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Climate, Energy, and Forests: The Need for a Comprehensive Strategy
by V. Alaric Sample

Biogas fermenter, wind turbine and photovoltaics on a farm in Germany. Credit Florian Gerlach (Nawaro), CC BY-SA 3.0On June 2, the US EPA released its long-awaited proposed federal regulations aimed at reducing greenhouse gas emissions from electric power plants to 30 percent below 2005 levels by 2030. The actual mechanisms by which these reductions are to be achieved are left to individual states to decide. California and states in the Northeast will move forward more assertively with their existing carbon cap-and-trade programs, and other states may join them. Some states may opt for a carbon tax. Most every state is likely to adopt President Obama’s unofficial national energy policy of an “all of the above” strategy in terms of shifts toward wind energy, solar power, biomass, natural gas, and other reduced-carbon energy sources.

Reflecting some of the key findings in the 2014 National Climate Assessment, EPA’s proposed rule notes specifically that “biomass-derived fuels can play an important role in CO2 emission reduction strategies,” perhaps offering a glimpse into the agency’s development of an accounting framework for biogenic carbon emissions, due later this year:

“The plant growth associated with producing many of the biomass-derived fuels can, to varying degrees for different biomass feedstocks, sequester carbon from the atmosphere. For example, America’s forests currently play a critical role in addressing carbon pollution, removing nearly 12 percent of total U.S. greenhouse gas emissions each year. As a result, broadly speaking, burning biomass-derived fuels for energy recovery can yield climate benefits as compared to burning conventional fossil fuels . . . Many states have recognized the importance of forests and other lands for climate resilience and mitigation and have developed a variety of different sustainable forestry policies, renewable energy incentives and standards and greenhouse gas accounting procedures. Because of the positive attributes of certain biomass-derived fuels, the EPA also recognizes that biomass-derived fuels can play an important role in CO2 emission reduction strategies. We anticipate that states likely will consider biomass-derived fuels in energy production as a way to mitigate the CO2 emissions attributed to the energy sector and include them as part of their plans to meet the emission reduction requirements of this rule and we think it is important to define a clear path for states to do so.”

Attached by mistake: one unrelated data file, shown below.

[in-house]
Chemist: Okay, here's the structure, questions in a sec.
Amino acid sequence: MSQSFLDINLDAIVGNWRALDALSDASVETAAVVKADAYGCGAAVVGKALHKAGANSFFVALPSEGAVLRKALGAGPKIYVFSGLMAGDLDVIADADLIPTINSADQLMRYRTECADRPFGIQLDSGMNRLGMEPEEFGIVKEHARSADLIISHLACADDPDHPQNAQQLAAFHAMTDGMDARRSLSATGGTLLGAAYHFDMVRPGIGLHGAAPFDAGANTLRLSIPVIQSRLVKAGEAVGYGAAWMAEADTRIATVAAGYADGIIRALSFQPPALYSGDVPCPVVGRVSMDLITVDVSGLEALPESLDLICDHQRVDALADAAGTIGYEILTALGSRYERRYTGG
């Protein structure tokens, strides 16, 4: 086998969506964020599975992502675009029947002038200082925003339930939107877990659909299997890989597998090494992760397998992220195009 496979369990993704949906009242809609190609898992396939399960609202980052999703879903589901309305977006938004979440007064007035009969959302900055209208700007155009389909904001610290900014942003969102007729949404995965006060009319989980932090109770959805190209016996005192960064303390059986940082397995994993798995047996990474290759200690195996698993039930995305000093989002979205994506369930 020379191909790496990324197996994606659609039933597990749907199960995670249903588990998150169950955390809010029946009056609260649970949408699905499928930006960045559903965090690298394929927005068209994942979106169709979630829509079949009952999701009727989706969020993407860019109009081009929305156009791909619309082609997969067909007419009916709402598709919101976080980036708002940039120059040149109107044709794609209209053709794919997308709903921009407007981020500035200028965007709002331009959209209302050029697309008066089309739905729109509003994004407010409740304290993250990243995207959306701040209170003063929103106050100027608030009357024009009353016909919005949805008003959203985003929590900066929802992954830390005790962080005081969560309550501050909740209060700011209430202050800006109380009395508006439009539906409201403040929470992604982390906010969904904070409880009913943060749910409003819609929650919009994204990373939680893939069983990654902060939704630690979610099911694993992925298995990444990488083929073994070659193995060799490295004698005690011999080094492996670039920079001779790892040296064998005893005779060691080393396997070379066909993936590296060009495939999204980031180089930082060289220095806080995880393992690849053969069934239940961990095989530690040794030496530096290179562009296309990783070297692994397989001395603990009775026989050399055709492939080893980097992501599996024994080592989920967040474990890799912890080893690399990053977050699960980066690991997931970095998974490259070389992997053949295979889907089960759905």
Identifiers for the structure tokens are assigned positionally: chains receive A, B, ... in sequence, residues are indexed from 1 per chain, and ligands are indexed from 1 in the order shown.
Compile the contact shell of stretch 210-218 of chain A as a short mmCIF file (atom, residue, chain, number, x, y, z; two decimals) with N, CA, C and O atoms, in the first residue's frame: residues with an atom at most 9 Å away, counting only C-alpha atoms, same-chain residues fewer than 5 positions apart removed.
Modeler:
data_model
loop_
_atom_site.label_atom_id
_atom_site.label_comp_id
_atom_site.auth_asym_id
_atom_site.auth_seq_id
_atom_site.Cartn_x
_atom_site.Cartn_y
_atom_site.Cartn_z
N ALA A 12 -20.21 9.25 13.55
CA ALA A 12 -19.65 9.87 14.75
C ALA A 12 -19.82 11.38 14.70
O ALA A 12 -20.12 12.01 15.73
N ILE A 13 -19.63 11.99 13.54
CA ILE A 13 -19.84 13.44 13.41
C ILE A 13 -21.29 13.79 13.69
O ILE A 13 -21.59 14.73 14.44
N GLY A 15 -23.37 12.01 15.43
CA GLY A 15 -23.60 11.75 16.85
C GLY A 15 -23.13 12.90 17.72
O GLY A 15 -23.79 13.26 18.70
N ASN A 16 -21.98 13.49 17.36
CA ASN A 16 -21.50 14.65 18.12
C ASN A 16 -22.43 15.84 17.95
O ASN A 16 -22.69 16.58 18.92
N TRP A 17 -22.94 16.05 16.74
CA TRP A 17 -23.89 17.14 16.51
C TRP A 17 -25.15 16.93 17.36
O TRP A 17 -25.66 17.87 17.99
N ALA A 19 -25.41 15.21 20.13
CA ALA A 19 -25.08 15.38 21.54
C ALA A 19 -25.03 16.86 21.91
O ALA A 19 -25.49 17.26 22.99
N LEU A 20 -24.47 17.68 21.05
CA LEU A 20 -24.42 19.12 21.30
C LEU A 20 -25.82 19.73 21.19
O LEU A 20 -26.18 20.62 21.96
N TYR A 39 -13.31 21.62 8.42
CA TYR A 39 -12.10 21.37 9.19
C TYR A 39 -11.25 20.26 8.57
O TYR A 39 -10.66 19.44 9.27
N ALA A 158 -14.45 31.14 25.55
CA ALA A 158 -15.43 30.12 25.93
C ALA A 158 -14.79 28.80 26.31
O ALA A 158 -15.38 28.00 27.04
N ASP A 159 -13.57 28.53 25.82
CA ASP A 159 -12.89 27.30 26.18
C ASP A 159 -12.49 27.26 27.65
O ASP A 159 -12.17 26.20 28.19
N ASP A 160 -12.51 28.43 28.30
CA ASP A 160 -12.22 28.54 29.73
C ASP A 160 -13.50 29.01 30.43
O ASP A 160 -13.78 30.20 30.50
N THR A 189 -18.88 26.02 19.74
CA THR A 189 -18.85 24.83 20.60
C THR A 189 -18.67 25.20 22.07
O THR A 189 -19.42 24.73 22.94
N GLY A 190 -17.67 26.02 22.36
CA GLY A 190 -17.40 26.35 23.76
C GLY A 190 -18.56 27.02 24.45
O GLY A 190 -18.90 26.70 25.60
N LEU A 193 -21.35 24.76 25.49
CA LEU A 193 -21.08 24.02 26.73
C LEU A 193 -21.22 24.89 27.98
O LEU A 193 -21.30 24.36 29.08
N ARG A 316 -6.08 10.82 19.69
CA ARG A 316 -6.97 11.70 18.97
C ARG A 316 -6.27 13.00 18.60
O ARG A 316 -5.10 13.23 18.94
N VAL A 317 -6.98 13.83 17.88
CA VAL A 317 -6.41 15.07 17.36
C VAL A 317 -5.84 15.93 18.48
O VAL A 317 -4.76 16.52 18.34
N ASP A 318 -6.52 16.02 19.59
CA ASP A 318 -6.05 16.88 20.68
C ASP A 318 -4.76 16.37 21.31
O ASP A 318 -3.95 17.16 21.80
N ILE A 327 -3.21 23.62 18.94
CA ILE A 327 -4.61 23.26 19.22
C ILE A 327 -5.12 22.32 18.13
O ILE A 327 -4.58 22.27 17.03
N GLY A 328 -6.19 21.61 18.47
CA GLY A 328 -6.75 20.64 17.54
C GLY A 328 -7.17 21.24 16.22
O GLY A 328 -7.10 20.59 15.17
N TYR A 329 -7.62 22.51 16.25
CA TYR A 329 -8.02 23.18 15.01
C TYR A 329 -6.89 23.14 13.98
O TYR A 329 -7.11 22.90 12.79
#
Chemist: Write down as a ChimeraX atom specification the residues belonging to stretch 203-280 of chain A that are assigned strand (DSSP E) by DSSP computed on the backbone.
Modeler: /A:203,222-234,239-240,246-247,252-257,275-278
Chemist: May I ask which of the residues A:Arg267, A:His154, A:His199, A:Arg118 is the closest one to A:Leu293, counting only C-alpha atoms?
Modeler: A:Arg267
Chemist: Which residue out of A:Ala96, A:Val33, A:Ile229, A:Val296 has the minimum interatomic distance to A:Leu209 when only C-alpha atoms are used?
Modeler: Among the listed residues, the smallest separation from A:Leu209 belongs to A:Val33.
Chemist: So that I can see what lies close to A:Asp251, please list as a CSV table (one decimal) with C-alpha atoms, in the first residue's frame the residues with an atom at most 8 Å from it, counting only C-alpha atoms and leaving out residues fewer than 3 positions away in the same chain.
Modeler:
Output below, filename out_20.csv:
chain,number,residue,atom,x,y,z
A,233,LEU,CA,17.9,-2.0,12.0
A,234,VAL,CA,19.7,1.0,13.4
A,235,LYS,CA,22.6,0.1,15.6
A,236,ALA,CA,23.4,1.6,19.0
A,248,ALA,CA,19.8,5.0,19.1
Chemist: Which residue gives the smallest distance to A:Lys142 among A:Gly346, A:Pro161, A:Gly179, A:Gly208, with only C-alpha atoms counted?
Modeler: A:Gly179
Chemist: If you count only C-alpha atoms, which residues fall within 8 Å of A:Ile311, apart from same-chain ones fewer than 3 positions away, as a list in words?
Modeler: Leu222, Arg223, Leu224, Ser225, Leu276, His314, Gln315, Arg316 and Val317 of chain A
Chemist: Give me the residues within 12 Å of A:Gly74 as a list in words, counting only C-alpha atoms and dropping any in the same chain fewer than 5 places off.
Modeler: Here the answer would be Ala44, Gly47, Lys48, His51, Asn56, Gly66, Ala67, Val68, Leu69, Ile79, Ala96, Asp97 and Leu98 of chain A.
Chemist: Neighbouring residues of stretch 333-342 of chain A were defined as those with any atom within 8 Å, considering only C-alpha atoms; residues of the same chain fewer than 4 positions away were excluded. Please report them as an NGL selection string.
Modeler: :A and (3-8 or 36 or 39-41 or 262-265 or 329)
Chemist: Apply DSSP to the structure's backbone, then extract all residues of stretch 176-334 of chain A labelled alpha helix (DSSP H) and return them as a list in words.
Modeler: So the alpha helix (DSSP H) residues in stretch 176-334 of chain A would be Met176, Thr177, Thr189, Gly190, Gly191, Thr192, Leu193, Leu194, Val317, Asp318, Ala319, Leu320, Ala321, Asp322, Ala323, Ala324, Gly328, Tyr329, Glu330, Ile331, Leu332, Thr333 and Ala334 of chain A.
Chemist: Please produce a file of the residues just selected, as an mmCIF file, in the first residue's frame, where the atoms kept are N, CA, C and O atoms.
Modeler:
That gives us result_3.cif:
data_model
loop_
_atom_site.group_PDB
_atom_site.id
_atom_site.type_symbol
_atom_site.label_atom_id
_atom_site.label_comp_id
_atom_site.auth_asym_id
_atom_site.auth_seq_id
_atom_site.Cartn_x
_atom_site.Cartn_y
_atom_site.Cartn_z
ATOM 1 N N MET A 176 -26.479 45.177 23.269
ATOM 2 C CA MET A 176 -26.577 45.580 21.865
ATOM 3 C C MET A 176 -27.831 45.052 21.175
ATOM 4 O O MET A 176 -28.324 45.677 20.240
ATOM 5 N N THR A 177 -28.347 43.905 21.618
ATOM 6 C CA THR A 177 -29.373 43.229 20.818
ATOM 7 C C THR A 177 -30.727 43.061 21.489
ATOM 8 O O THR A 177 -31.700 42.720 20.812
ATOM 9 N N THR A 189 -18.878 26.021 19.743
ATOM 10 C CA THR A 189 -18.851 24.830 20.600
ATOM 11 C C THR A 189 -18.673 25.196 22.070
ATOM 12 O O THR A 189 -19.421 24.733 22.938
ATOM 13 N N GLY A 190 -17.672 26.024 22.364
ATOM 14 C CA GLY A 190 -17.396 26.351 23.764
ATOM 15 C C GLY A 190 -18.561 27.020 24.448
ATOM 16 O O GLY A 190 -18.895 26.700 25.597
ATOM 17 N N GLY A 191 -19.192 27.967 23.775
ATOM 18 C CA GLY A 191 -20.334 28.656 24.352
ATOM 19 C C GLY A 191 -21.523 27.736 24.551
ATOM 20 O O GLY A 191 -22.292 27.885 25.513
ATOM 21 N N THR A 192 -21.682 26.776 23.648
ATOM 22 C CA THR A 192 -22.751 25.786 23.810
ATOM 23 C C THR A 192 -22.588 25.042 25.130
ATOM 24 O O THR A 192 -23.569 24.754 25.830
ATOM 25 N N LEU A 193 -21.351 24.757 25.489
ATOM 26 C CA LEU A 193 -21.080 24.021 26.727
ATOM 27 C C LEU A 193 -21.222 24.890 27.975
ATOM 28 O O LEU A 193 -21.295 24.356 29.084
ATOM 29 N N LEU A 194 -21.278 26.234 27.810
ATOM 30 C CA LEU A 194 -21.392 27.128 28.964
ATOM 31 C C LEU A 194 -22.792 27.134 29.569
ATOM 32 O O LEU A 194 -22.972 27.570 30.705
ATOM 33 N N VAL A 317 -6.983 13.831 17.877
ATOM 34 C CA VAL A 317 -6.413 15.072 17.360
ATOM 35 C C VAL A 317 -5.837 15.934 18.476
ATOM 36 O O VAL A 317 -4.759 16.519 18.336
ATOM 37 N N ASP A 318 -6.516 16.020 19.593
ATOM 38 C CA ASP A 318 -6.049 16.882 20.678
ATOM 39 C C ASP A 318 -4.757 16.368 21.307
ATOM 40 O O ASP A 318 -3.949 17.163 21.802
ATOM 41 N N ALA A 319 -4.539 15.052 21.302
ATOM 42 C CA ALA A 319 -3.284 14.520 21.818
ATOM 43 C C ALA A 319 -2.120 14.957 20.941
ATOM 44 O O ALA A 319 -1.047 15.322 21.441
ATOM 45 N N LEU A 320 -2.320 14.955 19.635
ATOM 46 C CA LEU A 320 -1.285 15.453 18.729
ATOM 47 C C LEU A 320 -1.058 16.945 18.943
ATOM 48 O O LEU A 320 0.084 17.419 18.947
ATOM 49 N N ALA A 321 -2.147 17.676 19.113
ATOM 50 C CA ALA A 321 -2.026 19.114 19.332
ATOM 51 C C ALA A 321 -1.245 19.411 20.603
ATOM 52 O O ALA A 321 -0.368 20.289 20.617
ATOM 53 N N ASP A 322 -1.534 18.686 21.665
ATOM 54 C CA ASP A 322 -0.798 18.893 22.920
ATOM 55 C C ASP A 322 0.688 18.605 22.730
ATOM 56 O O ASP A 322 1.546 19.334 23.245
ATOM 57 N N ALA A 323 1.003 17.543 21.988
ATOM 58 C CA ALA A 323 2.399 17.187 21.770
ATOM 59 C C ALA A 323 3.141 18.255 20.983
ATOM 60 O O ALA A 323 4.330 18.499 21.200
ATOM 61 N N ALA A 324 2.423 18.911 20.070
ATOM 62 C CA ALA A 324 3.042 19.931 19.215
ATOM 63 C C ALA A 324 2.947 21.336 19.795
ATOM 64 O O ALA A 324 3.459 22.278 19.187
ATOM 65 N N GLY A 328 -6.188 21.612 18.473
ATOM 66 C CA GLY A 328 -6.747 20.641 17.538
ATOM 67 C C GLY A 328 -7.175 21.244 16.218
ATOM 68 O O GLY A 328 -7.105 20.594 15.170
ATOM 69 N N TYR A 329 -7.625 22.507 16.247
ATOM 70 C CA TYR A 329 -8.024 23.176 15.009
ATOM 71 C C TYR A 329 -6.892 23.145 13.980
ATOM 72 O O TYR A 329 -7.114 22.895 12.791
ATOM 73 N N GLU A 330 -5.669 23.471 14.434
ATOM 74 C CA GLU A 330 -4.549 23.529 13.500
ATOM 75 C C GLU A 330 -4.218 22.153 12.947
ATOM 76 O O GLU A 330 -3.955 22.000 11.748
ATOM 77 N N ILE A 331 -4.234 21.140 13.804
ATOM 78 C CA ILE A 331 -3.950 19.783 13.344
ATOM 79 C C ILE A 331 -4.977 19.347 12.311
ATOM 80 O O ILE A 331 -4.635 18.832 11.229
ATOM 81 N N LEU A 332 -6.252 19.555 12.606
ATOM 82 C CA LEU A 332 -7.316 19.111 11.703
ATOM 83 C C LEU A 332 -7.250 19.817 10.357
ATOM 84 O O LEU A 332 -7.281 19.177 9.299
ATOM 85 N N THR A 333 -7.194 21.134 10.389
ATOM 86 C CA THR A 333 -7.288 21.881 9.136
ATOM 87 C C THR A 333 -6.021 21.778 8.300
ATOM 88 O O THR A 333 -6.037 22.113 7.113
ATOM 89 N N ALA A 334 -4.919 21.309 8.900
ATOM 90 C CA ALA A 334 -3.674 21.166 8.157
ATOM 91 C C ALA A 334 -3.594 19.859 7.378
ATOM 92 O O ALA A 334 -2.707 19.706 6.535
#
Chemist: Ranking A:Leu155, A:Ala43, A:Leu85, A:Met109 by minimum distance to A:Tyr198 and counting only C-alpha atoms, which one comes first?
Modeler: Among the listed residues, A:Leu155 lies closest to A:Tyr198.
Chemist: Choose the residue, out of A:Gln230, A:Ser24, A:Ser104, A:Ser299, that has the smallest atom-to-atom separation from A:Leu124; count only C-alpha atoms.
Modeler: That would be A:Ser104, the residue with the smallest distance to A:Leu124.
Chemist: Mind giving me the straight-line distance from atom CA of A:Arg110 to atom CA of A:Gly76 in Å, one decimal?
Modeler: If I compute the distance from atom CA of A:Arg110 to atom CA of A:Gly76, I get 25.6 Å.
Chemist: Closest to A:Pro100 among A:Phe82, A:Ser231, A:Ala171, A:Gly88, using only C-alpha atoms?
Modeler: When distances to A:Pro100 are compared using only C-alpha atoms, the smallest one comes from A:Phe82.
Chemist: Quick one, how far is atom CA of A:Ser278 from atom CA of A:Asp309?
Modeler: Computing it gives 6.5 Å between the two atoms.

The conservation community has always been of two minds about the potential role of wood biomass in the nation’s future energy portfolio. Substituting renewable wood biomass energy for fossil fuels while maintaining the overall volume of carbon stored in forest ecosystems can help achieve significant net reductions in carbon emissions over time. In addition to helping reduce the nation’s dependence on fossil fuels, factoring biomass energy into existing sustainable forestry programs can help improve the resiliency of forest ecosystems to the effects of climate change. On private lands, expanding markets for thinned materials and wood waste helps improve the economics of forest conservation in the face of increasing development pressures. On public lands, markets for wood biomass could help offset at least some of the costs of forest restoration and hazardous fuels treatments urgently needed to reduce wildfire risks, or to enable forests to better withstand the increased vulnerability to insects and pathogens that comes with prolonged droughts and temperature stresses.